• May 26: National Sorry Day commemorates the mistreatment of the country’s Indigenous peoples, particularly the Stolen Generations. It was first held in 1998 following the tabling of the Bringing Them Home report.
  • June 16: National Vegemite Day celebrates the uniquely Australian spread, Vegemite, invented in Melbourne in 1923 by chemist Cyril Callister. Initially developed as an Australian alternative to British Marmite, Vegemite is a salty, savory spread made from brewer’s yeast. Despite being owned by an American company for several decades, Vegemite became a distinctively Australian food, and returned to Australian ownership in 2017 when purchased by Bega. This day is for Australians to indulge in their love for this iconic spread, which they carry around the world to reaffirm their connection to home.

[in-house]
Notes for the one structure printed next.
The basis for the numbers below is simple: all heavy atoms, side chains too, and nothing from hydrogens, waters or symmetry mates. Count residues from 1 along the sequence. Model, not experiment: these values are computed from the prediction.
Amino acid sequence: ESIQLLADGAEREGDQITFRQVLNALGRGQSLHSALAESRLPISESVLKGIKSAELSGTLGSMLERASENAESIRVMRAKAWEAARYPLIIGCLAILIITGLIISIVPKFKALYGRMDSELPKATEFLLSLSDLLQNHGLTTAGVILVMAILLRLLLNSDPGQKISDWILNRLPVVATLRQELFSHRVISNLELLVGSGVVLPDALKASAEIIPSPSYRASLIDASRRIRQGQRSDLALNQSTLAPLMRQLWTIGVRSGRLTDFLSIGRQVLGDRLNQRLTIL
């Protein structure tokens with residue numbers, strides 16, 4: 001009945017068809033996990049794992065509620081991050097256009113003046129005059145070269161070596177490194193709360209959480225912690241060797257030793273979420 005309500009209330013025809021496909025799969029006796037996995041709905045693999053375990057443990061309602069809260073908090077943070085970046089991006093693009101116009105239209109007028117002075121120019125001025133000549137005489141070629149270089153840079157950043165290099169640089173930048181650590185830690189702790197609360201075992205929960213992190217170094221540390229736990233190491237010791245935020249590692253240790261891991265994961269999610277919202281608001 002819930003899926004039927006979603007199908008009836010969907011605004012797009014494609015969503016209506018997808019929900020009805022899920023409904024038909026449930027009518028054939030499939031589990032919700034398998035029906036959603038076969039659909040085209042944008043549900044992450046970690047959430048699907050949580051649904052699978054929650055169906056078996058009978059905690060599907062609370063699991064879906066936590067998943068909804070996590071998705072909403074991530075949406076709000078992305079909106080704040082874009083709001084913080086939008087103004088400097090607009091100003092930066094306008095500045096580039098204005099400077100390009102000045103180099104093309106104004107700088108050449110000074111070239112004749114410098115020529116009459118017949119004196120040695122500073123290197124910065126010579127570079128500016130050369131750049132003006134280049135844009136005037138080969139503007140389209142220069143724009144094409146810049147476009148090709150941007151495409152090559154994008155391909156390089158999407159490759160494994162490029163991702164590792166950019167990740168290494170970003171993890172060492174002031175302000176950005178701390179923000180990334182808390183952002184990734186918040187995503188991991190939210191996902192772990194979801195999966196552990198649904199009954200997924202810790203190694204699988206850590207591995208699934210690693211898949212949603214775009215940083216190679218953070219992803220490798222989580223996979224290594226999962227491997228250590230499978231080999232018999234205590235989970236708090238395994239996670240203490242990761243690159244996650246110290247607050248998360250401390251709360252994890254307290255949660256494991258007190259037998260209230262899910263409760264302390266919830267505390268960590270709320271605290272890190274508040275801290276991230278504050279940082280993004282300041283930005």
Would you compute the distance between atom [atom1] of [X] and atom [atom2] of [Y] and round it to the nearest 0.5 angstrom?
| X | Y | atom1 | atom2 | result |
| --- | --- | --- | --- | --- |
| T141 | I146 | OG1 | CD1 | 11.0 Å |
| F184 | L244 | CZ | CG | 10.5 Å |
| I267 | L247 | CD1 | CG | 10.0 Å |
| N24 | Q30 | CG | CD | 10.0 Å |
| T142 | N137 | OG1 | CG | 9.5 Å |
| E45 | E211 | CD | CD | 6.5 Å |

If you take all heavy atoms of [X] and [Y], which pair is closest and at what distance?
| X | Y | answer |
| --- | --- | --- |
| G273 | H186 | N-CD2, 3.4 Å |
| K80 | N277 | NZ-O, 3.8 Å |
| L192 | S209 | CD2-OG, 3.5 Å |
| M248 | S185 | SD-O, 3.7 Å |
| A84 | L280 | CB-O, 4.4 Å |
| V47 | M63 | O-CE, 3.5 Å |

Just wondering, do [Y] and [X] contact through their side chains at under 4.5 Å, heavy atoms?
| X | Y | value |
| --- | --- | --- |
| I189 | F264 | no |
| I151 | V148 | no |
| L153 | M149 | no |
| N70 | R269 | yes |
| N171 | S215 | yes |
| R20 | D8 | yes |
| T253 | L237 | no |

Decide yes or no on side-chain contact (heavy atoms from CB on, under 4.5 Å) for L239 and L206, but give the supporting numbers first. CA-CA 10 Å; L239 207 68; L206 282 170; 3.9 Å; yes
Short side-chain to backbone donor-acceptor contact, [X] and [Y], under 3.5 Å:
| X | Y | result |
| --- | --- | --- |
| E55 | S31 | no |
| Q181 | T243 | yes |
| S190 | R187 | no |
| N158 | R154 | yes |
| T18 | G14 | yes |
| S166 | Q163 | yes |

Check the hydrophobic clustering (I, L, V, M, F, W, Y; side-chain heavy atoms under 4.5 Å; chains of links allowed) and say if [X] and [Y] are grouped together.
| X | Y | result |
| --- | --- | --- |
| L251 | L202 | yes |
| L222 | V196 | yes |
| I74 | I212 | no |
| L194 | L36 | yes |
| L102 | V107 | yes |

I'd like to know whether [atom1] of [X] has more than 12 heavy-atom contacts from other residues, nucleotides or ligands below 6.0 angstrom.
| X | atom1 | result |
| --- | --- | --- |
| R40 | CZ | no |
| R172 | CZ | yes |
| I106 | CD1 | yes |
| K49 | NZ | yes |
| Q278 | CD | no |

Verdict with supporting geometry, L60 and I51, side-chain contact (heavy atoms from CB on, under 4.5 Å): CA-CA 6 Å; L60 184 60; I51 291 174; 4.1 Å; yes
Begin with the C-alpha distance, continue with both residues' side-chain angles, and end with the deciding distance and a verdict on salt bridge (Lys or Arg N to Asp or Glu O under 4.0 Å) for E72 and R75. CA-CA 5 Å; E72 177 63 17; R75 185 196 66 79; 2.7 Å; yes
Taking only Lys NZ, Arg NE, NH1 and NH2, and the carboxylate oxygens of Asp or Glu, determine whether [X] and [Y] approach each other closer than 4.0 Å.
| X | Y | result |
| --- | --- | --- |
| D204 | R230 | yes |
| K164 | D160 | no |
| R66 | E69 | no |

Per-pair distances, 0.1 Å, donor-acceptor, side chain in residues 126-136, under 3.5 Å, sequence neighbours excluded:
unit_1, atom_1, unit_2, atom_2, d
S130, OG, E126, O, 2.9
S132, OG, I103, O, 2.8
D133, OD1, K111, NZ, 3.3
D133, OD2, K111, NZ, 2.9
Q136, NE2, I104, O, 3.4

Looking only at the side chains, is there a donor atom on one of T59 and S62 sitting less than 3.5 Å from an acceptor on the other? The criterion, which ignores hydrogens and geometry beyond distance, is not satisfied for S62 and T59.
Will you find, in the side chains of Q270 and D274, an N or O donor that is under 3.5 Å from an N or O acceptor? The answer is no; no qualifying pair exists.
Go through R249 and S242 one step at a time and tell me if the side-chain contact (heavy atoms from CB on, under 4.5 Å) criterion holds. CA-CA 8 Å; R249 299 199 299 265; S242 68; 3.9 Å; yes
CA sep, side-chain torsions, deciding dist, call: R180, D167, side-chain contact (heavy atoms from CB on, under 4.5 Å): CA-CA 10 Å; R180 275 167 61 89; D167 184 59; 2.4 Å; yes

• First week of July: NAIDOC Week celebrates the history, culture, and achievements of Aboriginal and Torres Strait Islander peoples. NAIDOC stands for National Aborigines and Islanders Day Observance Committee.
  • July 21: National Lamington Day honors the iconic Australian cake, the lamington, which is made from squares of butter or sponge cake coated in chocolate sauce and rolled in desiccated coconut. The thin chocolate mixture is absorbed into the sponge cake, creating a unique texture. This over-century-old treat was named after Lord Lamington, the Governor of Queensland.